“Analyzing what you haven’t got as well as what you have is a necessary ingredient of a career.” Orison Swett Marden
On Thursday afternoon, I was called to work at the high school on Friday. In fact, I would be subbing for the same Biology teacher as I did about two weeks ago. Hooray – I wouldn’t have to rise at 5:25AM and I knew where I’d be going.
That last part of the last sentence is critical. In previous posts, I’ve shared the frustration I’ve had with the floor plan of the mammoth-sized school, with halls dimly lit by fluorescent lighting. There’s a long curved hallway, with small corridors perpendicular at either end, shaped sort of (but not really) like an I. In the middle of the main hallway, is a large stairwell that houses a couple of classrooms. At each end of the small hallways (four in total) there are staircases that have cluster of rooms surrounding them. The main Science area has a main door inside the stairwells but when inside, there are about four classrooms. Currently, they are adding rooms to the building, so just outside the room I was in yesterday, there were construction workers who periodically passed by the window, glancing inside. There’s unpainted fresh drywall here and there, and “No Construction Personnel Allowed Beyond this Point” taped to the doors in the stairwells. How much larger (and more convoluted) the place will be when completed, I cannot imagine.
Knowing I could easily find the room was accompanied by the happy realization that I’d have three Advanced Placement (AP) classes, hinting at an easy day. When I got to the office, I read the teacher’s note, advising me that all three blocks would be spent having the students take a test. That wouldn’t be the most exciting time for me (or for the them), but at least I could spend it posting my blog, reading, and keeping up with e-mail.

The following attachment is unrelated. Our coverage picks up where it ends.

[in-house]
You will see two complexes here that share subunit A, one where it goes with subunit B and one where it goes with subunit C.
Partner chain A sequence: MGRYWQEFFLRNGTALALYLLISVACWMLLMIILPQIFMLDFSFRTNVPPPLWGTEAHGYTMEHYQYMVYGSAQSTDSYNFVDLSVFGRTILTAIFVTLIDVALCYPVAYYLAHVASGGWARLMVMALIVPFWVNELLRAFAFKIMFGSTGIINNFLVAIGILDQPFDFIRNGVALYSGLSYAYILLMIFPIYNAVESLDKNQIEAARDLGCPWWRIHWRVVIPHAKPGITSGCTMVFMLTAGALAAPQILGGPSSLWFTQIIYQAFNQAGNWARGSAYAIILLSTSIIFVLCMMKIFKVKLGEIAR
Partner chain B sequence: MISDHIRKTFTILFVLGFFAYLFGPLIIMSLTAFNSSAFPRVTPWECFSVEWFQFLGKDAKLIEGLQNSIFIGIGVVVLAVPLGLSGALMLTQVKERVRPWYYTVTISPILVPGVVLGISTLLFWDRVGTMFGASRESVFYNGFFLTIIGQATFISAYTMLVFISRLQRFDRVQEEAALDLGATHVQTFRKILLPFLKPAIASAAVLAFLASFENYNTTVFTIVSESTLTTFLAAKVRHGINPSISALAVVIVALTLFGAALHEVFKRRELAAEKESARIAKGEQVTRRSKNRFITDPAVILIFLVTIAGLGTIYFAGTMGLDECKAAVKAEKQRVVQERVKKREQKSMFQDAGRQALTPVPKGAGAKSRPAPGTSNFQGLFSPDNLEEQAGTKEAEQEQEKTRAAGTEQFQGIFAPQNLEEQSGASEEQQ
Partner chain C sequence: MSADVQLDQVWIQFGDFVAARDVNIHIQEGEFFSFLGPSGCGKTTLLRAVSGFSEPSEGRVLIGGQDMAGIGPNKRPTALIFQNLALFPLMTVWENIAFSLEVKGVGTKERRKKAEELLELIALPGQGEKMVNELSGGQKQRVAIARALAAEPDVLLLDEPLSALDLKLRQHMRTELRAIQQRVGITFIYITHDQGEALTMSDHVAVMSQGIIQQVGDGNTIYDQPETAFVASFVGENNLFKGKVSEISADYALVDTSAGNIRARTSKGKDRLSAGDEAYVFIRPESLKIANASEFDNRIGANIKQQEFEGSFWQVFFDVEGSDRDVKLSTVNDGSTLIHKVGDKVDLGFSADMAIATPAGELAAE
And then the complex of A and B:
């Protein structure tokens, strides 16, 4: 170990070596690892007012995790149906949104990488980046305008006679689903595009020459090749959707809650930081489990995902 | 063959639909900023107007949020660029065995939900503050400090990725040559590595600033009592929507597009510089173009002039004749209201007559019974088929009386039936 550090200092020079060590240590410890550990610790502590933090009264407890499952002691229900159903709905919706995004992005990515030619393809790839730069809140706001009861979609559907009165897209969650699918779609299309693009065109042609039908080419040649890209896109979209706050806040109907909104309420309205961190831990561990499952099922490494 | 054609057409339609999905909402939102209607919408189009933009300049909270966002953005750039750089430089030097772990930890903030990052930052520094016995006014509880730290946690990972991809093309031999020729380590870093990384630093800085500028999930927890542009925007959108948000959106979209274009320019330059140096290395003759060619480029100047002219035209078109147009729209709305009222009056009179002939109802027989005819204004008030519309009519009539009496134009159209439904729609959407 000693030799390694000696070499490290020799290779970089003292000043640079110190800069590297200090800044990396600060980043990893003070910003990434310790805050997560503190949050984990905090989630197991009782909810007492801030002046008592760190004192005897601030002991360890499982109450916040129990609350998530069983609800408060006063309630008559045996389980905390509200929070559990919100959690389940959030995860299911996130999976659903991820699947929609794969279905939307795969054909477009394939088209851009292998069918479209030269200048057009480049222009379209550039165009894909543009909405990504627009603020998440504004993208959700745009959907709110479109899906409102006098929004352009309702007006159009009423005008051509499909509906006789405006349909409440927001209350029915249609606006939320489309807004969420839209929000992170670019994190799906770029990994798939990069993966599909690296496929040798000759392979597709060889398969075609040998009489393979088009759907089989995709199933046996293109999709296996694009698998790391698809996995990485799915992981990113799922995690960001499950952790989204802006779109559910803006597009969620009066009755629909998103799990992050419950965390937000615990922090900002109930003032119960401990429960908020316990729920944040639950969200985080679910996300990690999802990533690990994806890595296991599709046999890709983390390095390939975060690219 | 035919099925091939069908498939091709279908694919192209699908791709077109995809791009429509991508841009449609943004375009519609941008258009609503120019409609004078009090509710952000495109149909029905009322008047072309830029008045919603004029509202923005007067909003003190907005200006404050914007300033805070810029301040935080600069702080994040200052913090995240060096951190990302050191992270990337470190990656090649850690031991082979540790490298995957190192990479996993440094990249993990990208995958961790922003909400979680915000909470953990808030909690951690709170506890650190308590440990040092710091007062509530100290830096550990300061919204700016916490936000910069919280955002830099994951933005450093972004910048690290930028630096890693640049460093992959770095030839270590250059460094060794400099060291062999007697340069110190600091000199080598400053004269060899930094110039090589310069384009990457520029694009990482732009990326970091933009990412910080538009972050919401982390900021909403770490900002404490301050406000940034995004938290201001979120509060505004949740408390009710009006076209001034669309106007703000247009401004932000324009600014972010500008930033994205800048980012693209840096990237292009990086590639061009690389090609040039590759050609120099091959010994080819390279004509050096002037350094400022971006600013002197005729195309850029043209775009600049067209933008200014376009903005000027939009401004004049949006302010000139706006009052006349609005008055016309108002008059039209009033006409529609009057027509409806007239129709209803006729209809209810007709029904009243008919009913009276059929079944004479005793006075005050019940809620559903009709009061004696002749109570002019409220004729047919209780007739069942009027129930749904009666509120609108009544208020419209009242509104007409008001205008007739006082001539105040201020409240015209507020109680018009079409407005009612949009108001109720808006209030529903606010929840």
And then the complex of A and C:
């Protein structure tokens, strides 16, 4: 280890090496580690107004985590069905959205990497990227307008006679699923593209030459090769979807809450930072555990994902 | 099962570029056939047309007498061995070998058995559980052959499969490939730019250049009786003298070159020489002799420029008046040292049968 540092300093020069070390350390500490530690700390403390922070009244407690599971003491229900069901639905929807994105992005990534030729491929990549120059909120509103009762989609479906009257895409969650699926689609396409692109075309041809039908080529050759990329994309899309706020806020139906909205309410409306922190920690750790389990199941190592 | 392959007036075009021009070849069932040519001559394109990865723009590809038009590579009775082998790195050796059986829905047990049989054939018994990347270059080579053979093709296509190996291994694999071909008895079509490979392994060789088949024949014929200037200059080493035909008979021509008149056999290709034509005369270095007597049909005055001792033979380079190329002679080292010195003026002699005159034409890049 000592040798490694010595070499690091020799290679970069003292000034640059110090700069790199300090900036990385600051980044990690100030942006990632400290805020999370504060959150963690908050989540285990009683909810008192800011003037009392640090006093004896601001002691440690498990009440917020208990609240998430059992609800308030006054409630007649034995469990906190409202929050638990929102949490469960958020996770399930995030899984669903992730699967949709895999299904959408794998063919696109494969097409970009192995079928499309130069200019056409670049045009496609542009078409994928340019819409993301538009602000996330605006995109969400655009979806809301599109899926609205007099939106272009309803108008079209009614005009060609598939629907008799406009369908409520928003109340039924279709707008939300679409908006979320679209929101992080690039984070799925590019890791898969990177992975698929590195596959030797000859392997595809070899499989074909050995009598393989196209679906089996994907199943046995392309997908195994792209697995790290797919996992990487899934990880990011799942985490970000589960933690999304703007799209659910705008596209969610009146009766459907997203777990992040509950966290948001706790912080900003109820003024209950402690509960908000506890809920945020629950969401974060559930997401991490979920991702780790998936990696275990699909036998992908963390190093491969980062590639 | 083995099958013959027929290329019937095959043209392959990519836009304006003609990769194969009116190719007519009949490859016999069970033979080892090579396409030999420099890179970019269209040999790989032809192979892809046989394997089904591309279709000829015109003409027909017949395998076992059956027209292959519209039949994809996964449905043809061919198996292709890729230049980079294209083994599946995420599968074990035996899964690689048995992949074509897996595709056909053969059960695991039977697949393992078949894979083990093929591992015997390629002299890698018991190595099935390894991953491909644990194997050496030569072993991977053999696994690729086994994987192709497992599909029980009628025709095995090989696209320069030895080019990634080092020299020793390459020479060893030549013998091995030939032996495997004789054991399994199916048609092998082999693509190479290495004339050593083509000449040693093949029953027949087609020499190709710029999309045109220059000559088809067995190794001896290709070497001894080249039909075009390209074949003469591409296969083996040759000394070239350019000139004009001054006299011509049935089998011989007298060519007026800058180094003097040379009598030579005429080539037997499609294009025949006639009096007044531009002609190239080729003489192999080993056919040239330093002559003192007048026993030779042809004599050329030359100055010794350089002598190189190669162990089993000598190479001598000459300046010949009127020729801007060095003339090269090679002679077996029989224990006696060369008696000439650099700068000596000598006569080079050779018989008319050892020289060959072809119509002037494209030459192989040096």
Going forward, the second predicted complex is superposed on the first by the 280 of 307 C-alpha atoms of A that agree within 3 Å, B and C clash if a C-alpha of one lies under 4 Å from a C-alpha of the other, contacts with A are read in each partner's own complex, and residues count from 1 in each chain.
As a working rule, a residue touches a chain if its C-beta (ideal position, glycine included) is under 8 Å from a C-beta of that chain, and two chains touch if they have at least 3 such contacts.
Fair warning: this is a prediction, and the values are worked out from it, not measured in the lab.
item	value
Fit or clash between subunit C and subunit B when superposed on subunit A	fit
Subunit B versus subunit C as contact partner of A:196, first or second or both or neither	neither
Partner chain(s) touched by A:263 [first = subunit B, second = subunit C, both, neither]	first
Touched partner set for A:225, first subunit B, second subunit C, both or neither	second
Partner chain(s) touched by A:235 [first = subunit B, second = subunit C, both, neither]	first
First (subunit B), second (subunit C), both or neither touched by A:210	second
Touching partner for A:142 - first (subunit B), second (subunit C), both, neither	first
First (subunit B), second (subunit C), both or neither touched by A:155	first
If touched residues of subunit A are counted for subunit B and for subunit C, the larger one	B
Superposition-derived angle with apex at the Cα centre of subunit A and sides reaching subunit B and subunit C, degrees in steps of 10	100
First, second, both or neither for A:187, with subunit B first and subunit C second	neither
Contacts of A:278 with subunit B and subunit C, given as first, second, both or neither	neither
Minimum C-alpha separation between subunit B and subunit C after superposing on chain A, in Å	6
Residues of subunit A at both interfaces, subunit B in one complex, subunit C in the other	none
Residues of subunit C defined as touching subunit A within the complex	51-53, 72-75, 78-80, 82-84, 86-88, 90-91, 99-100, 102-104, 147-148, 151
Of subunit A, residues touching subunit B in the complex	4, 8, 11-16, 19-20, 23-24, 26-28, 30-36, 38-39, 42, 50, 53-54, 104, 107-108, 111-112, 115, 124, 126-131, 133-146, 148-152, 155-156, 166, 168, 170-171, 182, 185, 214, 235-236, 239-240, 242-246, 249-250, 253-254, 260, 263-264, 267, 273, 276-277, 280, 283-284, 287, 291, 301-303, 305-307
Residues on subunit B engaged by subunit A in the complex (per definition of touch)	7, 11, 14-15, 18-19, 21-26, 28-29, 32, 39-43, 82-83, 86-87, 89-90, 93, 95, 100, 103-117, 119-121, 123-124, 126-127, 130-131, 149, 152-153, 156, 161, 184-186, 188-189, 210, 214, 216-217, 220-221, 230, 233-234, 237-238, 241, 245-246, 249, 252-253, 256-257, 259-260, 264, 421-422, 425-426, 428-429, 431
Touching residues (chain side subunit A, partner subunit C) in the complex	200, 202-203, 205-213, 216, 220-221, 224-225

A few of the students had accommodations, which means that their IEPs (Individualized Education Plans) let them have more time to take the test. First period, nobody needed to stay. But second period, the one student on an IEP remained through lunch to finish it. I wouldn’t have time to go to the post office, but no matter – I planned to get those submissions out later in the day. Lunch came and went, but the student still had six more questions to go. I hoped I’d have time to heat my soup and eat, but in the meantime, I ate an apple. An hour after second period ended, he finished the test. I rushed to the teacher’s room, but I couldn’t stay because it was cold (the giant window was open, so construction workers could come and go from the roof), so after heating my soup in the microwave, I schlepped back to the classroom with all my belongings. For the rest of the day, I couldn’t get back on the Internet, so I watched the students, wrote a little, and read. When I completed the book, I had thirty-minutes to go.